With Thai celebrities, loud music and laser beams, the first Phuket Film Festival injected star-studded pizzazz to the island resort struck by a tsunami three years ago. But colors and enthusiasm aside, the ambition of upgrading this small, locally flavored fest into an international event will need a lot of hard work.
The fest, which began Saturday and ends Oct. 27, was privately funded by the newly unveiled SF Cinema City and Jungceylong Shopping Complex in Patong, the popular Phuket beach dotted with posh hotels and gaudy nightlife venues.
Apparently the festival was intended as promotional fanfare for the official opening of SF Cinema.
“However, we intend to make it an annual event,” said SF’s managing director Suwit Thongrompo. “Phuket is a perfect place to have a film festival and we hope to have support from the Tourism Authority of Thailand next year to expand the scope of it. We dare not compare to, say, Pusan, but we do have the intention to make it grow.”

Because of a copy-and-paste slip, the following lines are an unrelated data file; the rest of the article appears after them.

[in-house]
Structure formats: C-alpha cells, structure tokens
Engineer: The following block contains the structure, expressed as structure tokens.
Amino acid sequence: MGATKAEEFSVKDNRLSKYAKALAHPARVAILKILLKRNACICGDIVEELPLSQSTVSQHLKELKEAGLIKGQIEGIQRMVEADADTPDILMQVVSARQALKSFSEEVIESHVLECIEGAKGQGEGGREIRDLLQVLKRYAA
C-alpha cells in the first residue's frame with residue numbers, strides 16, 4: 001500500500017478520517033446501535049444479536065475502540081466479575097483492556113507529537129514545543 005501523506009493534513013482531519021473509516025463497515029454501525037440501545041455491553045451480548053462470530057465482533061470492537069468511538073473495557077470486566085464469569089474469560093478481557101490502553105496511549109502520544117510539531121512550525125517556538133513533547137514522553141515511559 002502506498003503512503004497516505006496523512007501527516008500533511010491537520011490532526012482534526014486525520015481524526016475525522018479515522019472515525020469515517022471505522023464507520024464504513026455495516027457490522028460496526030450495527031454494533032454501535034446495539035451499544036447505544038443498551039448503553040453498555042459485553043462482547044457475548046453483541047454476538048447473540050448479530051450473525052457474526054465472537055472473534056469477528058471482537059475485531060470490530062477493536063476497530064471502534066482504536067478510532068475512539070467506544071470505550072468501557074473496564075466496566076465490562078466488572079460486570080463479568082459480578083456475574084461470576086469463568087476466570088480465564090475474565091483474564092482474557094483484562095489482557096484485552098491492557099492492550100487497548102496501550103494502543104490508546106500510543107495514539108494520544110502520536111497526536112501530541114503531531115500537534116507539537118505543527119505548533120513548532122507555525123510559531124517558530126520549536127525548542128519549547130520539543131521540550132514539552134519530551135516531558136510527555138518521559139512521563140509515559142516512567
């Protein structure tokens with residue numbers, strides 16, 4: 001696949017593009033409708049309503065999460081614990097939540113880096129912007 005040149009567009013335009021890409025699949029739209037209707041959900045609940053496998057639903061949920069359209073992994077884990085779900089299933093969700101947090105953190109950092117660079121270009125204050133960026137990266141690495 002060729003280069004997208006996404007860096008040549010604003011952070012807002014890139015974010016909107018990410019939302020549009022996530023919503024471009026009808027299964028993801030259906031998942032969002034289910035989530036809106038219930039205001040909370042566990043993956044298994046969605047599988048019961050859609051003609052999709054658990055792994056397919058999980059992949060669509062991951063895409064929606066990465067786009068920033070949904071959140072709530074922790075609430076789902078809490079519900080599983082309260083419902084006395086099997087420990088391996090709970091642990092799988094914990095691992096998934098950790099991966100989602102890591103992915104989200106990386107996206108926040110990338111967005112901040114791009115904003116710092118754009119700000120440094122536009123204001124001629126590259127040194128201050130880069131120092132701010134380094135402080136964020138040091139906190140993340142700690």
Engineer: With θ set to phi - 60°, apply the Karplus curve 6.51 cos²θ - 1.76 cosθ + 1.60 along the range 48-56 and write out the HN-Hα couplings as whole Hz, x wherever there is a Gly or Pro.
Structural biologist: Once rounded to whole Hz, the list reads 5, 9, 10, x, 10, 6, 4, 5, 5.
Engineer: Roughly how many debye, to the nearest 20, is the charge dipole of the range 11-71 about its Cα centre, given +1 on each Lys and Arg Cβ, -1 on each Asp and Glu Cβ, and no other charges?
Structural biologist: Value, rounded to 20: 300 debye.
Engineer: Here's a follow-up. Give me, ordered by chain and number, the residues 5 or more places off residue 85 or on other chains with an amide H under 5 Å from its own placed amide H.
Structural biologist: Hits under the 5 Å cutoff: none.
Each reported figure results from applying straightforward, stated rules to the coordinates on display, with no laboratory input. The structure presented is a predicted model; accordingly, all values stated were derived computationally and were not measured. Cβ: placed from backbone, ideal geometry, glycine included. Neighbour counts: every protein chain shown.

Observers agree Phuket has the potential to host a key event because of its lively atmosphere and the availability of cinema facilities.
The fest screens 40 films, but three-quarters of them are being shown on either DVDs or videotapes, with quality leaving much to be desired. Only the six Thai movies, plus the closing film “Across the Universe” and the soon-to-be released “Surf’s Up,” are projected on 35mm.
The opening gala saw a caravan of Thai movie stars dispatched by big studios. Royal helmer Chatreechalerm Yukol attended the gala along with actors from the “King Naresuan” movies. After an overlong opening ceremony held under a giant canopy in the vast square of Jungceylon, the fest screened the opening film, Spanish comedy “Dance Machine,” on videotape with only half of the theater filled.
“We go for family-oriented movies, we want to make this a people’s festival,” said programmer Scott Rosenberg. “We stay away from heavy art films or horror. After all this is a place that’s still recovering from the bad thing that happened.”
The fest costs SF and Jungceylon, which is located one block inland, 15 million baht ($450,000).
“No doubt this is a very nice place to have a film festival, but it’s still not a complete film festival; right now it has no industry elements and international outlook,” said veteran publicist Prisana Ratanakuakoon. “Also, we’ll have to see whether the local audience, even the expats, will supply the energy to keep the event going.”